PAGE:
The decay processing section 130 gradually attenuates the output level in accordance with level lowering of the sound signal of the bass range extracted by the LPF 110, while the decay processing section 140 gradually attenuates the output level in accordance with level lowering of the sound signal of the treble range extracted by the HPF 120. FIG. 11 shows example input/output time characteristics of the decay processing section 130 in the fifth embodiment, where the horizontal axis indicates the time while the vertical axis indicates the level of the sound signal. “IN” indicates the bass-range sound signal extracted by the LPF 110, and “OUT” indicates an output signal of the decay processing section 130.

When an impulse sound signal IN has been input, the decay processing section 130, as illustrated in FIG. 11, gradually attenuates the sound signal over a predetermined release time without causing the level of the output signal OUT to follow the sound signal IN that rapidly decreases in level after assuming a maximum value. In the fifth embodiment, a decay process is performed where a decay rate increases non-linearly in accordance with the passage of time. Thus, a variation in the output level is restrained immediately after an impulse-like variation has occurred in the bass range extracted by the LPF 110, and then, upon lapse of a given time, the decay of the output level is increased, so that the fifth embodiment can give a natural auditory sensation to an audience.

In order to realize such a decay process, the sound signal input to the decay processing section 130 is sampled at predetermined time intervals, and a comparison is made between a sample value at the current time and an output value at the last sampling time so that the higher of the compared two sample values is selected as an output value at the current time. Thus, as the input sound signal level increases, the latest sample value is constantly selected, but, as the input sound signal level decreases, the output value at the last sampling time is selected, in which case the value at the last sampling time is attenuated to be set as the output value at the current time. In this case, the decay rate increases with the passage of time as noted above, and the output value is used, in the level comparison at the next sampling, as the output value of the last sampling time. The other decay processing section 140 is arranged in a similar manner to the decay processing section 130.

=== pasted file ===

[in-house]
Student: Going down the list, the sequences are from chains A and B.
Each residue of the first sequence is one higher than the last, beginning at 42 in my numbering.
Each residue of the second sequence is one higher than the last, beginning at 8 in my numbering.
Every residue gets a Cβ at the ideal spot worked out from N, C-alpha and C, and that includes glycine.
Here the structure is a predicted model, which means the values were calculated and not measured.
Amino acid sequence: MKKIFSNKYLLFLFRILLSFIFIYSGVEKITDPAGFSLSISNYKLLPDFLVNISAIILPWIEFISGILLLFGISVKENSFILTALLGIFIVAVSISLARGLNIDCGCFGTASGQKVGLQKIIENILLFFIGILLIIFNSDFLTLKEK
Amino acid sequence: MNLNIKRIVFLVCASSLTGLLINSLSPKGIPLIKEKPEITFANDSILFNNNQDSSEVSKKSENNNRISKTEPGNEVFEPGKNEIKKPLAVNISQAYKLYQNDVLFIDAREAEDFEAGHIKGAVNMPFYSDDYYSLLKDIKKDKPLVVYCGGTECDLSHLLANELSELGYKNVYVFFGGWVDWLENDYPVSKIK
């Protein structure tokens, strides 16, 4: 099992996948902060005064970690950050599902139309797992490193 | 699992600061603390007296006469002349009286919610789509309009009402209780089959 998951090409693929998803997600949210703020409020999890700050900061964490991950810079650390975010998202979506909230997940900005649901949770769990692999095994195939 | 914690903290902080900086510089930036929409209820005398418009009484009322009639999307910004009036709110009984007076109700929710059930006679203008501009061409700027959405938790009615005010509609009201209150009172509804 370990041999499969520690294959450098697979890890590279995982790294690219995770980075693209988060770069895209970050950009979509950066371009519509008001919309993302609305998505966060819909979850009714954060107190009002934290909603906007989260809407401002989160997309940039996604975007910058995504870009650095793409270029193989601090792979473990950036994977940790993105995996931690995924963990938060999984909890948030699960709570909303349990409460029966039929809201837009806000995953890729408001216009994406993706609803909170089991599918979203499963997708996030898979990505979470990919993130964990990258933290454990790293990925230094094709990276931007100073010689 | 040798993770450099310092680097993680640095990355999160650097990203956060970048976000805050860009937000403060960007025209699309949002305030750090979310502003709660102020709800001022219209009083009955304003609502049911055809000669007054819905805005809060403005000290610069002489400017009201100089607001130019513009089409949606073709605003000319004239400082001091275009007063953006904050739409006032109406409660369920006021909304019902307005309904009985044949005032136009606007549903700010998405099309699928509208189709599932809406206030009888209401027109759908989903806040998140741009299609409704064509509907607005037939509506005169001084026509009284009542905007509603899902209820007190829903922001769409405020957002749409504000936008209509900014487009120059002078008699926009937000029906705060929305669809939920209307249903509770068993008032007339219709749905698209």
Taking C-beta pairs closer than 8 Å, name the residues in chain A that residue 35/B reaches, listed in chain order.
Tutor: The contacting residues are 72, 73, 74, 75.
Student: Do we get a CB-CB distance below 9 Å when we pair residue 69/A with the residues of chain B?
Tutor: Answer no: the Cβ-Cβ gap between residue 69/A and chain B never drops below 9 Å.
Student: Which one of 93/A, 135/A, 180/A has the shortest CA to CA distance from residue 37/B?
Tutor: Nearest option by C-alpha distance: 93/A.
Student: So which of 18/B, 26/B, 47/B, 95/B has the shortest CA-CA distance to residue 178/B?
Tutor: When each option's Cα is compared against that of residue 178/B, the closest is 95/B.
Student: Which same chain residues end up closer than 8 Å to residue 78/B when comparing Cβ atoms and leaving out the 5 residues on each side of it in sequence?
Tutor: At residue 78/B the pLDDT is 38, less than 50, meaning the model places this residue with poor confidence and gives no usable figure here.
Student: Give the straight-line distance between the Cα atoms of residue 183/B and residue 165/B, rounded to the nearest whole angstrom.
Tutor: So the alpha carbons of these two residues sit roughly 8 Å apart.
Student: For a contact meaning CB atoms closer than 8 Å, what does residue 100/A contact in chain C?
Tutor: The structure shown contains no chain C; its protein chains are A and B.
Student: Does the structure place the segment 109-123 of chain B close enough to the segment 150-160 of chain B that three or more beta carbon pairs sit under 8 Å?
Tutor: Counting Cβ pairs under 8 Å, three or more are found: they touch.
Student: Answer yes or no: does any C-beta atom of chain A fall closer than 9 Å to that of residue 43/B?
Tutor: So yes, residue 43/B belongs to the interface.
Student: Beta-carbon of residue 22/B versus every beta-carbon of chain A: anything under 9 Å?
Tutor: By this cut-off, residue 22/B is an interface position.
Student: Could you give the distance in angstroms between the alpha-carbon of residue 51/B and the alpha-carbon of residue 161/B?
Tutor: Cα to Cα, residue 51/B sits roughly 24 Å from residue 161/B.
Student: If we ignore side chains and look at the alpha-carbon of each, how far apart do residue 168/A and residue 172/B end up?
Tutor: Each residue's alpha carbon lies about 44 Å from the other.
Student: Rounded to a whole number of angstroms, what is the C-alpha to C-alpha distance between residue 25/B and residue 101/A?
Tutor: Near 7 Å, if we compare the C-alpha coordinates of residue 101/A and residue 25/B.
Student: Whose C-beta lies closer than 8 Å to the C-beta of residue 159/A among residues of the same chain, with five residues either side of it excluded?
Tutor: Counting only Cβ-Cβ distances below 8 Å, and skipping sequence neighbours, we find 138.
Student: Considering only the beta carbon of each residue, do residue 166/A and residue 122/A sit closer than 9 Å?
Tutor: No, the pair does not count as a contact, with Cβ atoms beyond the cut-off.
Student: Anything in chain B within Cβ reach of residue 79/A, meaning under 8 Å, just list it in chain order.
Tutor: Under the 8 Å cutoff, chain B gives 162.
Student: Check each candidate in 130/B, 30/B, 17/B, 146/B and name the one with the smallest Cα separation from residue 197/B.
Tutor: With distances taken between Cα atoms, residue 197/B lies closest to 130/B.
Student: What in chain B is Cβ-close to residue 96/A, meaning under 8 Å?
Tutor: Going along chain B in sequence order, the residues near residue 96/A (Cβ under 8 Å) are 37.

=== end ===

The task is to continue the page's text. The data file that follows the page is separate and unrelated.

The coefficient calculation section 150 calculates a filter coefficient of the bass boost circuit 170 on the basis of the level of the sound signal output from the decay processing section 130. The coefficient calculation section 160, on the other hand, calculates a filter coefficient of the treble boost circuit 180 on the basis of the level of the sound signal output from the decay processing section 140. For the filter coefficient calculation purposes, tables having prestored therein sound signal levels and filter coefficients in association with each other, for example, may be provided in the coefficient calculation sections 150 and 160 so that particular filter coefficients, corresponding to the levels of the sound signals output from the decay processing sections 130 and 140, are read out from the respective tables.